Understanding the Impact of Michigan’s Stay-at-Home Order on the Construction Industry

Theodore L. Degenhardt IV

On March 10, the Michigan Department of Health and Human Services identified the first two presumptive-positive cases of COVID-19 in Michigan and Gov. Gretchen Whitmer declared a state of emergency across the state.

Gov. Whitmer issued Executive Order 2020-21 on March 23, directing all Michigan businesses and operations to temporarily suspend in-person operations unnecessary to sustain or protect life. She extended and expanded her initial mandate on April 9 with Executive Order 2020-42.

The Governor’s decision was intended to suppress the spread of COVID-19, to prevent the state’s health care system from being overwhelmed, to allow time for the production of critical test kits, ventilators, and personal protective equipment, and to avoid needless deaths. “It is reasonable and necessary to direct residents to remain at home or in their place of residence to the maximum extent feasible.” The order is enforceable by state and local government, and violations may be punishable as misdemeanors.

Construction Under Executive Order 2020-42

The specific language of Executive Order 2020-42 does not discuss construction. However, the order’s Frequently Asked Questions (FAQ) supplement state that some limited forms of construction are permissible, including construction to maintain and improve roads, bridges, telecommunications infrastructure, and public health infrastructure (such as the creation or expansion of hospitals or other medical facilities to provide or support the provision of necessary care during the emergency).

Construction workers may also undertake projects that are necessary to maintain the safety, sanitation, and essential operations of a residence during the emergency, including projects immediately necessary to restore the habitability of a residence. Any non-emergency maintenance or improvements to residences are not permitted.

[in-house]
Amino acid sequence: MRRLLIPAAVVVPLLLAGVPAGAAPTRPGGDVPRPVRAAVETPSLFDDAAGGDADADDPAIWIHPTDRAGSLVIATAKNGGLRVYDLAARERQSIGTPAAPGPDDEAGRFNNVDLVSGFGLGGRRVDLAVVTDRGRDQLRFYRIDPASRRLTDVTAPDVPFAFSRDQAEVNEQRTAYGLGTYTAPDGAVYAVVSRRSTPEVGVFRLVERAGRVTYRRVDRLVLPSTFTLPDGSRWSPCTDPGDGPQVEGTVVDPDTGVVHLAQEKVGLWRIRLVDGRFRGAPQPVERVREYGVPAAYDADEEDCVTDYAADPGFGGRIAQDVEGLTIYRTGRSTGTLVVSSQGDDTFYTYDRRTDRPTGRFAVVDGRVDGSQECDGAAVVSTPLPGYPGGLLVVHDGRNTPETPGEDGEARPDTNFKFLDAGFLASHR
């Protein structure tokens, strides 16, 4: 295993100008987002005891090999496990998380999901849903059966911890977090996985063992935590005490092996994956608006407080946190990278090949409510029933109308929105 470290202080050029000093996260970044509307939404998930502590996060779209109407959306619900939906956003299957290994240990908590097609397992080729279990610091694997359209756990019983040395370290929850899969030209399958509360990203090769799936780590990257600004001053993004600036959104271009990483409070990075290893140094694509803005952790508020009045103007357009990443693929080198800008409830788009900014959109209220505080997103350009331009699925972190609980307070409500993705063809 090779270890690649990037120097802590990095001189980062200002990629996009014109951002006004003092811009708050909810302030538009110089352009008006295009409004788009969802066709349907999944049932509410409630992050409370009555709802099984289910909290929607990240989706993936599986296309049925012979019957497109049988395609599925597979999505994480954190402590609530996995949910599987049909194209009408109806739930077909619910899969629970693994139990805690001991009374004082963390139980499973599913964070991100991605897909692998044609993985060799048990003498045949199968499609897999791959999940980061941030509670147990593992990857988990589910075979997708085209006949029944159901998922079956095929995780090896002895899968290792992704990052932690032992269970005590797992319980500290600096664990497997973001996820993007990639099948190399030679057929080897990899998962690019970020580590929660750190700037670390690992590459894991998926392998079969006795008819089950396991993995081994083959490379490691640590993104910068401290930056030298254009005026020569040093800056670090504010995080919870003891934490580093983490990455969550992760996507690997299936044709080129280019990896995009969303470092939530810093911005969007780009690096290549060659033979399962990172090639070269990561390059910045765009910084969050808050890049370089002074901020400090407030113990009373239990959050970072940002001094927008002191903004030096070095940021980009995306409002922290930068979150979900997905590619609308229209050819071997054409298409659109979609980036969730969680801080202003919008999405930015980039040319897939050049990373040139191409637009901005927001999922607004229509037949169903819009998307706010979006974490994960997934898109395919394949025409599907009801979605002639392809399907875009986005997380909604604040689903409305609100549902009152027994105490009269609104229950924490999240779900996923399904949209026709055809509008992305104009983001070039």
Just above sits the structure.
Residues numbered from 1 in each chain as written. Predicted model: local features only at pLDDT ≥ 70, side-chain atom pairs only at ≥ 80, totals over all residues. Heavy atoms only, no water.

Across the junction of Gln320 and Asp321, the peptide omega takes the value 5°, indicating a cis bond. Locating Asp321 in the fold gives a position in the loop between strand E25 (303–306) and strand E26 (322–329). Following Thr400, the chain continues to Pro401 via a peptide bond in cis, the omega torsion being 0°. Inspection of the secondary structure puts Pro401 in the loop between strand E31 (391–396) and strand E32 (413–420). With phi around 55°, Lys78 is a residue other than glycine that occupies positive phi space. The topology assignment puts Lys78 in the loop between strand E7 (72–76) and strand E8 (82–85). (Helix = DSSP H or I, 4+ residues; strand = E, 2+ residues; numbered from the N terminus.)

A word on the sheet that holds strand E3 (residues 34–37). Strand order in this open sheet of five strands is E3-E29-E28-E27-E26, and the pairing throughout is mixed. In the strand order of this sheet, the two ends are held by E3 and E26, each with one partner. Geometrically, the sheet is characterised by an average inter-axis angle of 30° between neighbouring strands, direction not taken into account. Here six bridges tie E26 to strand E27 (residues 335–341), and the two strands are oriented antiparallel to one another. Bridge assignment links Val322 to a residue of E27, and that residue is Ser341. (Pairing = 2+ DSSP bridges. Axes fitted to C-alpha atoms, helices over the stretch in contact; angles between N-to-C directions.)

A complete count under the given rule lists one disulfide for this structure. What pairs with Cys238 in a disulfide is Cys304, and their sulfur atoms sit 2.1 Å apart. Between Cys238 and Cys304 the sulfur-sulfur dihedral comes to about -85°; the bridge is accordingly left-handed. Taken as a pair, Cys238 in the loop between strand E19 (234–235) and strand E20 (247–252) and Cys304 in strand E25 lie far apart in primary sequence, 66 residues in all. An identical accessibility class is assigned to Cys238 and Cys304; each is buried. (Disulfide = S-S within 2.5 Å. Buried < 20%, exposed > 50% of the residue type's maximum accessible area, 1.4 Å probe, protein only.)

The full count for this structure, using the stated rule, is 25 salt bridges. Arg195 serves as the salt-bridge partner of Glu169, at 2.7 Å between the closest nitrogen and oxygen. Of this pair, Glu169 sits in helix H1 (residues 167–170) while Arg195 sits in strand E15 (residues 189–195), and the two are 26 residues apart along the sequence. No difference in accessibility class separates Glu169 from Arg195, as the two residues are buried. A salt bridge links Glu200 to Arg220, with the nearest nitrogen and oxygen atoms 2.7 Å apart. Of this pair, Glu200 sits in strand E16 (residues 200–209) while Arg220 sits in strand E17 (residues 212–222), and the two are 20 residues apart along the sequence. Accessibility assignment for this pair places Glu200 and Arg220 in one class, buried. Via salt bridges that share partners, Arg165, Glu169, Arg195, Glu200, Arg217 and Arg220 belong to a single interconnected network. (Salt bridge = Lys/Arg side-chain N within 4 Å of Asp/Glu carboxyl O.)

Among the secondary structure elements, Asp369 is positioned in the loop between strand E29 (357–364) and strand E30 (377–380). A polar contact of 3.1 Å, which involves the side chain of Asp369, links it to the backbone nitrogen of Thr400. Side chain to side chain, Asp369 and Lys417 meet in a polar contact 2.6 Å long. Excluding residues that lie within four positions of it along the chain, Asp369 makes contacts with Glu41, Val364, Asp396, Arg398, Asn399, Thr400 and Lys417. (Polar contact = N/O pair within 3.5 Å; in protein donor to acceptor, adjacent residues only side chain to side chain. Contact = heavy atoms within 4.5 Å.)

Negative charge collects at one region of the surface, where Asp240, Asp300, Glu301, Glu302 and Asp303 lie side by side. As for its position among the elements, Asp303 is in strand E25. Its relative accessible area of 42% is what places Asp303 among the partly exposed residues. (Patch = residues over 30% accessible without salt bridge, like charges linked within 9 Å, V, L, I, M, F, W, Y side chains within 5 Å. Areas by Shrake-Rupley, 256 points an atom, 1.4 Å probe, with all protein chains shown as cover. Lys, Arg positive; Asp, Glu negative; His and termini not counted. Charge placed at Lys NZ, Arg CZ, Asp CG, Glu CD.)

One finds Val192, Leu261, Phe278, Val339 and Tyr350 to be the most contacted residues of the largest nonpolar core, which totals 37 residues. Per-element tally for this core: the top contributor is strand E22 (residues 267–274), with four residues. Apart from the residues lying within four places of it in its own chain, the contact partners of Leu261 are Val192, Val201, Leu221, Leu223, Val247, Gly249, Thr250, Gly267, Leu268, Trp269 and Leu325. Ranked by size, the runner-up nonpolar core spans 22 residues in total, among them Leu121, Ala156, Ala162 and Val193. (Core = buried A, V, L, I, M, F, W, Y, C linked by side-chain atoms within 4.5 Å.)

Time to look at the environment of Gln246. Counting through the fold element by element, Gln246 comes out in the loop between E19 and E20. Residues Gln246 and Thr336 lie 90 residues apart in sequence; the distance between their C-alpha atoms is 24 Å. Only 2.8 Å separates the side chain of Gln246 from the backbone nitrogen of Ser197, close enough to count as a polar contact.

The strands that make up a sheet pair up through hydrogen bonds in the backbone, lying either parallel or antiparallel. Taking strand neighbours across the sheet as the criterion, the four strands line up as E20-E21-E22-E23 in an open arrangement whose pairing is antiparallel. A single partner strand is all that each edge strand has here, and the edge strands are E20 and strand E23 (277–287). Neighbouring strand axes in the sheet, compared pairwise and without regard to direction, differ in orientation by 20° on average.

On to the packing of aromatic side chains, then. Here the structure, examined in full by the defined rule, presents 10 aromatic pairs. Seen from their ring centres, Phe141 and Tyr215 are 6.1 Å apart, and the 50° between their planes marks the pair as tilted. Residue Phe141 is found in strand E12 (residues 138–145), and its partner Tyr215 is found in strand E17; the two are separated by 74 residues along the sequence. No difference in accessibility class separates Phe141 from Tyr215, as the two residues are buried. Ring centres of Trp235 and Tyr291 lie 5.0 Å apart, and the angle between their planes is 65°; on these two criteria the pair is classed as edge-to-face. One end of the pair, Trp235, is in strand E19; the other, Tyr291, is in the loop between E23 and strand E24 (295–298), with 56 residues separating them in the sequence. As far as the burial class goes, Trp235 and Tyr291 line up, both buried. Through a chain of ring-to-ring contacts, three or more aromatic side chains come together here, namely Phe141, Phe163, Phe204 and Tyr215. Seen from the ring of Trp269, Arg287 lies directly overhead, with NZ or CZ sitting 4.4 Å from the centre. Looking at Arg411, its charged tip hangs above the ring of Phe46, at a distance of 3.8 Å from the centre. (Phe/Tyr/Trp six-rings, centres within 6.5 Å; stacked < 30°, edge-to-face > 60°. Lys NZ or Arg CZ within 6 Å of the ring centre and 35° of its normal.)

In addition, a business may designate a construction firm to provide necessary support to the work of that business’s critical infrastructure workers. That is, a supplier, distribution center, or service provider may designate a contractor to construct or expand its operations to support its operations.

Construction projects that do not meet these criteria cannot be started or progressed while the order is in effect. This includes any such projects that were already underway at the time the order was issued. For projects underway when the order was issued, workers are permitted on site only to carry out “minimum basic operations.” That work is limited to in-person tasks strictly necessary to preserve the current condition of the project while the order is in effect, such as putting in place temporary security and weatherization measures. All other in-person work on the project must cease until the restrictions of the order are lifted and normal operations resume.

The phrase "I know it when I see it" is a colloquial expression by which a speaker attempts to categorize an observable fact or event, although the category is subjective or lacks clearly defined parameters. Michigan’s Executive Order related to construction is similar—it may be difficult to put your finger on what is permitted, but if it doesn’t feel like essential work, it probably isn’t and won’t be allowed. Cities are taking strict stances on violations, including $1,000 fines in Detroit and $500 fines in Flint.